Late January, more than 40 Salesforce admins and developers gathered in downtown Chicago for Salesforce Circles of Success, and to learn about a better way to protect their Salesforce data and metadata.
In this blog, you’ll hear what was dished up by participants at the Chicago Salesforce User Group meeting on real-life data loss stories. You’ll also learn what gaps there are in Salesforce’s native data protection tools, and why Spanning’s approach was of such interest.
Salesforce data and metadata loss are not as uncommon as you may think—at every User Group where we present, we hear loss stories from even experienced admins and developers. The Chicago Salesforce User Group was no exception. We heard:
- End users overwrite their data in error – a lot. The time it takes an admin to support end users when they accidentally overwrite critical data in error is time that admin could use for other responsibilities. One of the attendees had worked for a company that used Spanning, and loved that Spanning lets end users safely do on-page restores, if an admin enables that feature – a bonus of Spanning being in-app.
- Data loads can overwrite massive amounts of good data with bad at compute speed – and it’s not rare. At every User Group Therapy session, more than one or two admins talk about misconfigured data loads, and the painful data loss caused by having hundreds of thousands of records overwritten in error. Spanning customers love not having to worry about quickly getting things back to normal.
- The Export Service is at best a stop-gap, at worst a pain. Admins said it takes lots of time (see this blog for details), it sometimes won’t complete, and it’s weekly – not good for an org with lots of data changes. With Spanning Backup you get automated, daily backups at a time of your choosing, and you can backup anytime easily.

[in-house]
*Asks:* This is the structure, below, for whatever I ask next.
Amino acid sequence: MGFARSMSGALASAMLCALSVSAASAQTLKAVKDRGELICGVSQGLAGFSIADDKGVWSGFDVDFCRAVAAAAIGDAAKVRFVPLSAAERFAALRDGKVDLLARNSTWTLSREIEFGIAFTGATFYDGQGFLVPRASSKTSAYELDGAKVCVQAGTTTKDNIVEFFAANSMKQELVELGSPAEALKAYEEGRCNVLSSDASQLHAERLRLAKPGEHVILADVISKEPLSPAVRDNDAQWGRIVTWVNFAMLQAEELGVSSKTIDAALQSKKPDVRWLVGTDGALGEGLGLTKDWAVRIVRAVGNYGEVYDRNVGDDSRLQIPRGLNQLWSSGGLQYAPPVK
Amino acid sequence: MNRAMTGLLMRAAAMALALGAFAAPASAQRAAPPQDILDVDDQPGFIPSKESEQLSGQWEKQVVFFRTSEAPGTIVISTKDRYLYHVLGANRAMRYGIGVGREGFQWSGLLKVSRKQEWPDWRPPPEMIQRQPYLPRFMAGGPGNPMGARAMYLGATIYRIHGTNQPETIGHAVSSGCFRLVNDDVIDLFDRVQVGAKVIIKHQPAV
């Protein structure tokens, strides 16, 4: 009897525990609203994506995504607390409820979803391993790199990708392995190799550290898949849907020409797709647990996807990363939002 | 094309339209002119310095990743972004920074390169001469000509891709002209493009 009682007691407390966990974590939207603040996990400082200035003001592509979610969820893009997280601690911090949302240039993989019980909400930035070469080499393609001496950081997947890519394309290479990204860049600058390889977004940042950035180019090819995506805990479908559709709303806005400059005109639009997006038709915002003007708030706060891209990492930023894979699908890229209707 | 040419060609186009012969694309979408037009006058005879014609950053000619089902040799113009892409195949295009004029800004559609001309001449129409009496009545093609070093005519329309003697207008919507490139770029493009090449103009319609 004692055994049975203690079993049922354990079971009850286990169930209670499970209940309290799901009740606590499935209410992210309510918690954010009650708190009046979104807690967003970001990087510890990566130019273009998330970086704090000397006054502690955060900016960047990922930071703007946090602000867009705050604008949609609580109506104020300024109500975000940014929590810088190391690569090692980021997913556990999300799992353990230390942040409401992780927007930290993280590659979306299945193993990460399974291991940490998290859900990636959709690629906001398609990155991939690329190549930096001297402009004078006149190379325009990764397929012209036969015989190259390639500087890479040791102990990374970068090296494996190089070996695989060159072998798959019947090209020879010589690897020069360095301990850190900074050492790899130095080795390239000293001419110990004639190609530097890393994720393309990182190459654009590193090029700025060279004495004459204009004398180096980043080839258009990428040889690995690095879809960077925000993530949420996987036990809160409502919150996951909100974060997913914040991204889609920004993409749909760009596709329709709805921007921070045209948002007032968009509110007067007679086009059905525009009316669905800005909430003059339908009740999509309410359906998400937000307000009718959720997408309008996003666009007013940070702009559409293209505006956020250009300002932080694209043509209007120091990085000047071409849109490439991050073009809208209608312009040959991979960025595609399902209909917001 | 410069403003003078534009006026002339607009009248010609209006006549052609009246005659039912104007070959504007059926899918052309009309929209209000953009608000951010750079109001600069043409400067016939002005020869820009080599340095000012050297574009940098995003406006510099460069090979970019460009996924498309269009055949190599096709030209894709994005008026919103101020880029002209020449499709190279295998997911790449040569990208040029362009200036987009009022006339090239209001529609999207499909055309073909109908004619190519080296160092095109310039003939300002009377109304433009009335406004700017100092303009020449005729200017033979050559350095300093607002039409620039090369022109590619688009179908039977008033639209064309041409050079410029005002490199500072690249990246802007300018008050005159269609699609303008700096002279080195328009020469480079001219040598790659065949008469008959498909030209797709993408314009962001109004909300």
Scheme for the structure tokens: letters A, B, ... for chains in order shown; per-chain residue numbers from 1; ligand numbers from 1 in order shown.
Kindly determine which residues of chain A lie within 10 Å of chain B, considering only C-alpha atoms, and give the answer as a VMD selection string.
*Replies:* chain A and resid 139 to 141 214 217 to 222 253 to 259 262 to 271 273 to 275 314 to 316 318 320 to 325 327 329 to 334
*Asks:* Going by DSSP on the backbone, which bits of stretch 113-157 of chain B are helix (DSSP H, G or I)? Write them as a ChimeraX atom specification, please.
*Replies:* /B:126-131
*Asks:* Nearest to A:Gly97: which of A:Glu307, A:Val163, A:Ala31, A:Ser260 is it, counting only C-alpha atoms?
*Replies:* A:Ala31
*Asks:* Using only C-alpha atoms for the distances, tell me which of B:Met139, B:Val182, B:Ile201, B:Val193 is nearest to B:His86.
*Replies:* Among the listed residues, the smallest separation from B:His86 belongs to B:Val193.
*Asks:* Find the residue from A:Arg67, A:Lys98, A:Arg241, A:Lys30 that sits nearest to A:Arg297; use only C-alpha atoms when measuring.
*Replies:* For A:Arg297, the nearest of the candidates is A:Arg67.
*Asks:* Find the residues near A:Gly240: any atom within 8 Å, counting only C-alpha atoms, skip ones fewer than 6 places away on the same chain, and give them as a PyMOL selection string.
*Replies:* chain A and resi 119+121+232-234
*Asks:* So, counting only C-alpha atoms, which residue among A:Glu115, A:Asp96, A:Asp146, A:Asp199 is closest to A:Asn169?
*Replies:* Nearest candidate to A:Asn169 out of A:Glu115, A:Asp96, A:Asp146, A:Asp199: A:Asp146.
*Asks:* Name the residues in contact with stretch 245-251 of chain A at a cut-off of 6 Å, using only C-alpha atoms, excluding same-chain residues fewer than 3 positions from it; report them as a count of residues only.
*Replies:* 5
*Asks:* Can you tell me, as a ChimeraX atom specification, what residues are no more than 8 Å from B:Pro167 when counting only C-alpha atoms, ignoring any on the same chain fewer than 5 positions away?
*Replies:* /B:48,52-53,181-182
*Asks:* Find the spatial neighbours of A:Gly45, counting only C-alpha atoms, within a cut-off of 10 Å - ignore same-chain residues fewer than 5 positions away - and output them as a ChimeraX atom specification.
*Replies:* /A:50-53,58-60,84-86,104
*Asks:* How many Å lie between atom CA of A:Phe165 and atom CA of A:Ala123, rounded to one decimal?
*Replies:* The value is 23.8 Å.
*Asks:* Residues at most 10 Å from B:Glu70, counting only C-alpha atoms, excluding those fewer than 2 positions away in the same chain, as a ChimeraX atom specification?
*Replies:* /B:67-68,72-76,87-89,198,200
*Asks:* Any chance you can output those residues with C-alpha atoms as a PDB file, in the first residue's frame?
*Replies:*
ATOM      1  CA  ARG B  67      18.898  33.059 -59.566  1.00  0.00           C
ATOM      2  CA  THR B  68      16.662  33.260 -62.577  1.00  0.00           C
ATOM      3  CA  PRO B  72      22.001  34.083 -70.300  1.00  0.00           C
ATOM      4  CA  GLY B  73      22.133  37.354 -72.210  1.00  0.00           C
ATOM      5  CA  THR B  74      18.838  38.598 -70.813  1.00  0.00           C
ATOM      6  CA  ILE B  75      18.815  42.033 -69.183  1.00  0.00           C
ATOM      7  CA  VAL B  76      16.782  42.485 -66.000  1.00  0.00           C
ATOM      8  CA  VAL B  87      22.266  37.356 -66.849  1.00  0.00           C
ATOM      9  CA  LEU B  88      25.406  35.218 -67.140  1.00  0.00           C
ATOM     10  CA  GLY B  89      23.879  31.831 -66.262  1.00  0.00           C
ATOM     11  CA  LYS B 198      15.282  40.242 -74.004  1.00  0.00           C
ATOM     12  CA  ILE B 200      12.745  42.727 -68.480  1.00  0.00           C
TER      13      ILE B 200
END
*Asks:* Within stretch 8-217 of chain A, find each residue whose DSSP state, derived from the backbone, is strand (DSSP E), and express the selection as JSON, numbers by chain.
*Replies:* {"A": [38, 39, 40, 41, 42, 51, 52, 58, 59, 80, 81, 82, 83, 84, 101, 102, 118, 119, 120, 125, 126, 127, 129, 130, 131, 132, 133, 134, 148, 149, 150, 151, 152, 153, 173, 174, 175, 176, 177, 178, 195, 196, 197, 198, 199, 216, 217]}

You might be as surprised as some User Group members were to learn Salesforce says admins and developers should use third-party backup and restore software. But there are good reasons why Salesforce recommends going to an AppExchange partner for backup.
- Native tools take more time. Salesforce native tools – primarily the Export Service, for data backup, and Force.com IDE and other developer tools, for metadata restoration – can be very time-consuming to use. When fast recovery of lost data or metadata is a must, native tools can leave your organization at risk.
- Native tools have gaps. The Export Service provides .csv files of data only – to recover an accidentally deleted field used in a report or dashboard, for example, you’d need to restore the metadata using Force.com IDE, as well as restore the underlying data.
- Native tools require more skills. Restoring lost data from an Export Service .csv means understanding the org’s data schema in detail, including the dependencies, to avoid errors. The correct order must be followed during a data load to preserve parent-child relationships. Developer skills are needed to restore lost metadata with native tools like Force.com IDE, and for many admins, acquiring those skills may take time they don’t have.
This was no surprise to the Salesforce Portfolio Success Managers who were there to lead Circles of Success. Even they had data and metadata loss stories to share from their pre-Salesforce days, and they understood that Salesforce – while robust and secure – can’t protect you from you.
While it was wonderful to see Denise Carbone again, and to connect our Senior Product Manager Daivat Dholakia with my friends in the Chicago Salesforce User Group, what struck me most about our session was that there are still some members of the #SalesforceOhana who don’t know their risk of data and metadata loss.
This isn’t unusual – but I won’t stop until we raise awareness with every admin and developer.
As we saw in the 2017 Trailblazer Community Survey, 32% of respondents either don’t use, or don’t know if they use, protection from Salesforce data loss. With shared efforts among Salesforce User Group leadership, I am hopeful we’ll improve these awareness statistics in time for Dreamforce 2018.
This is a Security Bloggers Network syndicated blog post authored by Lori Witzel. Read the original post at: Spanning